Ch.16 - Aqueous Equilibrium See all chapters
All Chapters
Ch.1 - Intro to General Chemistry
Ch.2 - Atoms & Elements
Ch.3 - Chemical Reactions
BONUS: Lab Techniques and Procedures
BONUS: Mathematical Operations and Functions
Ch.4 - Chemical Quantities & Aqueous Reactions
Ch.5 - Gases
Ch.6 - Thermochemistry
Ch.7 - Quantum Mechanics
Ch.8 - Periodic Properties of the Elements
Ch.9 - Bonding & Molecular Structure
Ch.10 - Molecular Shapes & Valence Bond Theory
Ch.11 - Liquids, Solids & Intermolecular Forces
Ch.12 - Solutions
Ch.13 - Chemical Kinetics
Ch.14 - Chemical Equilibrium
Ch.15 - Acid and Base Equilibrium
Ch.16 - Aqueous Equilibrium
Ch. 17 - Chemical Thermodynamics
Ch.18 - Electrochemistry
Ch.19 - Nuclear Chemistry
Ch.20 - Organic Chemistry
Ch.22 - Chemistry of the Nonmetals
Ch.23 - Transition Metals and Coordination Compounds

Solution: The Henderson–Hasselbalch (H-H) equation is a clever rearrangement of the  Ka equilibrium expression that comes in very handy for certain pH calculations. The H-H equation can be used to calculate the buffer ratio ([base]/[acid]) required to prepare a buffer at a specific pH. It is possible that the buffer ratio required to prepare a pH 6.85 buffer could be used to study novel chemotherapy agents; however, the noble H-H equation can be used for more nefarious purposes.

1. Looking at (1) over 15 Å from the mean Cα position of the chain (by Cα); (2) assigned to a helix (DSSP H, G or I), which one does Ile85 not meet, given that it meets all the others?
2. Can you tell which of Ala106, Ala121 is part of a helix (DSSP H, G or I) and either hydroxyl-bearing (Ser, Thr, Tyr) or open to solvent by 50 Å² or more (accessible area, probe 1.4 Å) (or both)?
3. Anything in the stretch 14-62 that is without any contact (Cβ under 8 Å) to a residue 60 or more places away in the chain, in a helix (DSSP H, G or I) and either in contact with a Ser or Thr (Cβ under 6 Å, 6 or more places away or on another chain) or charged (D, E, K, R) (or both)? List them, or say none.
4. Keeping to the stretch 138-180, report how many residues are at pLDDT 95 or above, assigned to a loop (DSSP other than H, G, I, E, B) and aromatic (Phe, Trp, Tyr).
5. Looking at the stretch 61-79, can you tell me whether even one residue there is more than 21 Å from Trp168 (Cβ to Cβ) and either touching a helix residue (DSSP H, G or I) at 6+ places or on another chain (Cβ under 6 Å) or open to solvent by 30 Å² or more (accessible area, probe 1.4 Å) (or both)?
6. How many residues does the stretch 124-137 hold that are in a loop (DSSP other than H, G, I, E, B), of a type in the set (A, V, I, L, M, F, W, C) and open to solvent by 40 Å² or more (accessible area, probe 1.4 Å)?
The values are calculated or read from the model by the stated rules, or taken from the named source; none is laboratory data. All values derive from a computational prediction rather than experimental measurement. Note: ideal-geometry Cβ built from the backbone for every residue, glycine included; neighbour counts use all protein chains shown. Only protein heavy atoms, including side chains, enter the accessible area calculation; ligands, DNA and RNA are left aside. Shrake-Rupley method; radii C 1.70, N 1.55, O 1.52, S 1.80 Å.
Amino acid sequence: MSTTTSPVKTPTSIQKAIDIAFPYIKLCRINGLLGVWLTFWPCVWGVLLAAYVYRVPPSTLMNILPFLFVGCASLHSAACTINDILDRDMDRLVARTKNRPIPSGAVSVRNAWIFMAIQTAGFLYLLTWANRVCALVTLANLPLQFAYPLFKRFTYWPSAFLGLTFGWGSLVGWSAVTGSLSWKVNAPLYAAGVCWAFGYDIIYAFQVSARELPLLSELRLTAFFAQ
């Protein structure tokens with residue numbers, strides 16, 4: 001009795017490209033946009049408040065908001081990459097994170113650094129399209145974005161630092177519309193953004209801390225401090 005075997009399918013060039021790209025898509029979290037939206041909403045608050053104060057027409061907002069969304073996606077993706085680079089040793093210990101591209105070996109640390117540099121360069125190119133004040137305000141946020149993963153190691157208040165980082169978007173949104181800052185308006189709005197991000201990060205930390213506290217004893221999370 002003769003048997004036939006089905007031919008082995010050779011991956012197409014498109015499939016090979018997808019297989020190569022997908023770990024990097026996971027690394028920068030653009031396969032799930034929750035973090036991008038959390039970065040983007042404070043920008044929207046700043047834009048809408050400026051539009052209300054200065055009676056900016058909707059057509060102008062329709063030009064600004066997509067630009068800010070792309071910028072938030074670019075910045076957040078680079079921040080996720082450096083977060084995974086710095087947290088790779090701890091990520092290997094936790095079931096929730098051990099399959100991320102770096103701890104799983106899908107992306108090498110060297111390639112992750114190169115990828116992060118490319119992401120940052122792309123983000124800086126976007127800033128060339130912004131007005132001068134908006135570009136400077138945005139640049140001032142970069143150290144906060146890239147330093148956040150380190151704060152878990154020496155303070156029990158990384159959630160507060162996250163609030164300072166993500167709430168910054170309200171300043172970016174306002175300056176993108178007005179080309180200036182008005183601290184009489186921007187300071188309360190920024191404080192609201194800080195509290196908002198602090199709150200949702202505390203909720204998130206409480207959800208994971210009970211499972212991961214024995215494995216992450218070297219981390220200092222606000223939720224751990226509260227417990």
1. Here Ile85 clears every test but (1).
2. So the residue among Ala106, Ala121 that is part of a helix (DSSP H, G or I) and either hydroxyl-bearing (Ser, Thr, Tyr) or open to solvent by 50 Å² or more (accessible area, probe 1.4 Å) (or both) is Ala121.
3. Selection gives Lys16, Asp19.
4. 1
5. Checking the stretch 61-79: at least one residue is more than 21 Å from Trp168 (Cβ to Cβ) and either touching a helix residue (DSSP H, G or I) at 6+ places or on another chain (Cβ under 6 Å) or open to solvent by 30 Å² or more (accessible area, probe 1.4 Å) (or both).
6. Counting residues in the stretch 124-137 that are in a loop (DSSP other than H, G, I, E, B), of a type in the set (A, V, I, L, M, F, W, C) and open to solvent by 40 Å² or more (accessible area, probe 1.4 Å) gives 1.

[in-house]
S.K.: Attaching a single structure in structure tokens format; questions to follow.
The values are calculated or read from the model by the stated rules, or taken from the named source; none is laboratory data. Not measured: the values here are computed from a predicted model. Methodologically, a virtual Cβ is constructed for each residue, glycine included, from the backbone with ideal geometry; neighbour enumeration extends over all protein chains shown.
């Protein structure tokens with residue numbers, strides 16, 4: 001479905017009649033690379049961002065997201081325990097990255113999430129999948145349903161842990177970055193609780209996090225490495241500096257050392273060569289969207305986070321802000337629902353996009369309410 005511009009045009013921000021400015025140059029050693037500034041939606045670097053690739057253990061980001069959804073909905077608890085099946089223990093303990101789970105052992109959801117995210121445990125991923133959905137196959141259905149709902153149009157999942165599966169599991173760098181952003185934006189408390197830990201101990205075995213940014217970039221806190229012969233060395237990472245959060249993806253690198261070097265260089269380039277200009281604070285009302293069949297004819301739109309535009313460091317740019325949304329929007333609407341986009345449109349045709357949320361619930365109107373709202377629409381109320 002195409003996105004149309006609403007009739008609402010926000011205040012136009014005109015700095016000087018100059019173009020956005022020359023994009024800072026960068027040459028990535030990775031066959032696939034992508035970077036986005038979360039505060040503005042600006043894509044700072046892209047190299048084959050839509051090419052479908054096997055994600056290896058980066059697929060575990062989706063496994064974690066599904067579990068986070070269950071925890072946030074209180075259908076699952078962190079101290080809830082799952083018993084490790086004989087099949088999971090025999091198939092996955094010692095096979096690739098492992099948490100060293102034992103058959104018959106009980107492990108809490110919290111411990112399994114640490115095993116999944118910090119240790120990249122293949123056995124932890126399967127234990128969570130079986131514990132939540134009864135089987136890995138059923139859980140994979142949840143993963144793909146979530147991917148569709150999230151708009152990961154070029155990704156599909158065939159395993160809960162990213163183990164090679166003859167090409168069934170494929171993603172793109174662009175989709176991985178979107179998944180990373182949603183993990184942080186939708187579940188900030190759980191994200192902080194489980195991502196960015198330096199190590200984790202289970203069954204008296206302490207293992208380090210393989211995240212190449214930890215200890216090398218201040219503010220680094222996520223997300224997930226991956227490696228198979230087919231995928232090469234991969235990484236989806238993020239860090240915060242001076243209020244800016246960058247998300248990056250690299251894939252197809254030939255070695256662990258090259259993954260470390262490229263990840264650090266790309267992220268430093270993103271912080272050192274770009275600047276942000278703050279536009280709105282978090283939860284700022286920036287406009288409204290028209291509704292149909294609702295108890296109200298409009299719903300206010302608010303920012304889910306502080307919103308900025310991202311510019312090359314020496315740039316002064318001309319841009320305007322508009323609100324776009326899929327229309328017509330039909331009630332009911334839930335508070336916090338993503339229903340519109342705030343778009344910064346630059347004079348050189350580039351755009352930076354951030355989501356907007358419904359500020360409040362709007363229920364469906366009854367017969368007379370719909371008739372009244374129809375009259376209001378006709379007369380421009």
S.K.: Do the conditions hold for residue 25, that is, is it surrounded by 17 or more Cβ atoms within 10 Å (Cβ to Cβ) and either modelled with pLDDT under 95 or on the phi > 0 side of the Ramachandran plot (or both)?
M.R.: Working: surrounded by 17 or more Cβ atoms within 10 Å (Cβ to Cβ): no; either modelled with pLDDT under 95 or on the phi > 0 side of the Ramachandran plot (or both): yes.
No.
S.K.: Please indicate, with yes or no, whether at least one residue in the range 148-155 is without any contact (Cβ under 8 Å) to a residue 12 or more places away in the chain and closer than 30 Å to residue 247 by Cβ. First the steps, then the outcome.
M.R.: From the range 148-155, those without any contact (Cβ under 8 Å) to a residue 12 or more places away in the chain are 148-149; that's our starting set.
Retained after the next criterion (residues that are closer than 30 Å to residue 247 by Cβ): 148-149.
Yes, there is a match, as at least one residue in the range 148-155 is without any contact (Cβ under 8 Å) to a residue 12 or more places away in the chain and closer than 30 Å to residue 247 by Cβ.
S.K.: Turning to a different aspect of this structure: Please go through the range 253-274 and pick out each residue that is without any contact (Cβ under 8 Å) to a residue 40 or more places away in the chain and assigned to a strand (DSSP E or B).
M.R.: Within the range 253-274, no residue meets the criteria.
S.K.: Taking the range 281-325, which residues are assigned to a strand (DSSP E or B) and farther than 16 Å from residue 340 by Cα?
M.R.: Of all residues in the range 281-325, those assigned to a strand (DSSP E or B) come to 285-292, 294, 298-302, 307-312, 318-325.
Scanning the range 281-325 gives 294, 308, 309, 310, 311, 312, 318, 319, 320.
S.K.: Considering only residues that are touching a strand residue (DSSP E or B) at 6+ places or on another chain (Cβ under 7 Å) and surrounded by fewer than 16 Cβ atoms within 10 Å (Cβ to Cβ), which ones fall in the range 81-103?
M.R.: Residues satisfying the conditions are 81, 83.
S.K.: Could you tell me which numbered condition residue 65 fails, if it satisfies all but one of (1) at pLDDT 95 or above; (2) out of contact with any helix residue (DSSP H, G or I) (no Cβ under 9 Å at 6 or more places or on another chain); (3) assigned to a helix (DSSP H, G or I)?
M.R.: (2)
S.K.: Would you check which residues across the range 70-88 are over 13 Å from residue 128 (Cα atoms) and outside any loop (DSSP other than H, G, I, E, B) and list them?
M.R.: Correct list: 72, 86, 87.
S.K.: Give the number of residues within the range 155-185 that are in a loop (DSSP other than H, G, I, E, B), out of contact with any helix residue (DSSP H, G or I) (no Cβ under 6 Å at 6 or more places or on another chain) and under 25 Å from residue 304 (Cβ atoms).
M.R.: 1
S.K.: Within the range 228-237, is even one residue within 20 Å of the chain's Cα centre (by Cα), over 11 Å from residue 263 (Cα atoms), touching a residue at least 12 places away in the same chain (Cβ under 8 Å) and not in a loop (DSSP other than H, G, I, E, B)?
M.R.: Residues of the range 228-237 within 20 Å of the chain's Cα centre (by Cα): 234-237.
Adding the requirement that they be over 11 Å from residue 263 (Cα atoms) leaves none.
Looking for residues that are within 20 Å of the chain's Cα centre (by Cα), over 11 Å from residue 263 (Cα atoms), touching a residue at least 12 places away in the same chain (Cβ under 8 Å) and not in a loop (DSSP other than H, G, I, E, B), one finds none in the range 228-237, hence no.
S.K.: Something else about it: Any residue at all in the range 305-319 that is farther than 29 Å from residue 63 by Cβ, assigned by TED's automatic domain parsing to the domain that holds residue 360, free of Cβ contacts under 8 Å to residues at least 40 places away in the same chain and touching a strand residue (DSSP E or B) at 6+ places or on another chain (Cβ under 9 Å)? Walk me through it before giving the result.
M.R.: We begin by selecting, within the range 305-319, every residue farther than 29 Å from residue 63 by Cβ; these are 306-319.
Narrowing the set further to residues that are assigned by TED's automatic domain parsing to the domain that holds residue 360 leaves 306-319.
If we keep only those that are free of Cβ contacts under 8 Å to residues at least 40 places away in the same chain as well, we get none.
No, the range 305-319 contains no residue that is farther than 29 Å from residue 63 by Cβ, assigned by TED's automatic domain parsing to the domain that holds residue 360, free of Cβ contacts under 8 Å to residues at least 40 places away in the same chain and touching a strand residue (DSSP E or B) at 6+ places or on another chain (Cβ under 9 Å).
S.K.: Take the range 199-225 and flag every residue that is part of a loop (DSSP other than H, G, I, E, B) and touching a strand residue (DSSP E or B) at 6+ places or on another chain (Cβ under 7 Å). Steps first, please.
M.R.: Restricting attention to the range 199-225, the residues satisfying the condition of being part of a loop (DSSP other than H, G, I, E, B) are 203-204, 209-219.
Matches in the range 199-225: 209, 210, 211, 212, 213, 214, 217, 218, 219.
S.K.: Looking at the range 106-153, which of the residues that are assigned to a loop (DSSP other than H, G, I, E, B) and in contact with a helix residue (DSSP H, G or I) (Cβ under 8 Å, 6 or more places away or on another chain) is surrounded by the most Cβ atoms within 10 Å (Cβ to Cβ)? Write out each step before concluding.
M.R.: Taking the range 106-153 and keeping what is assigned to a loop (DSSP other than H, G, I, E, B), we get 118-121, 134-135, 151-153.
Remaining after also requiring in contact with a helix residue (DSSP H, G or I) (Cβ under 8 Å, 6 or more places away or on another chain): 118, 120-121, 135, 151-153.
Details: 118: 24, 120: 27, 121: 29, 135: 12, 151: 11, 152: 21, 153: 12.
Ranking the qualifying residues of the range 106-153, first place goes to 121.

Problem

The Henderson–Hasselbalch (H-H) equation is a clever rearrangement of the  Ka equilibrium expression that comes in very handy for certain pH calculations. The H-H equation can be used to calculate the buffer ratio ([base]/[acid]) required to prepare a buffer at a specific pH. It is possible that the buffer ratio required to prepare a pH 6.85 buffer could be used to study novel chemotherapy agents; however, the noble H-H equation can be used for more nefarious purposes.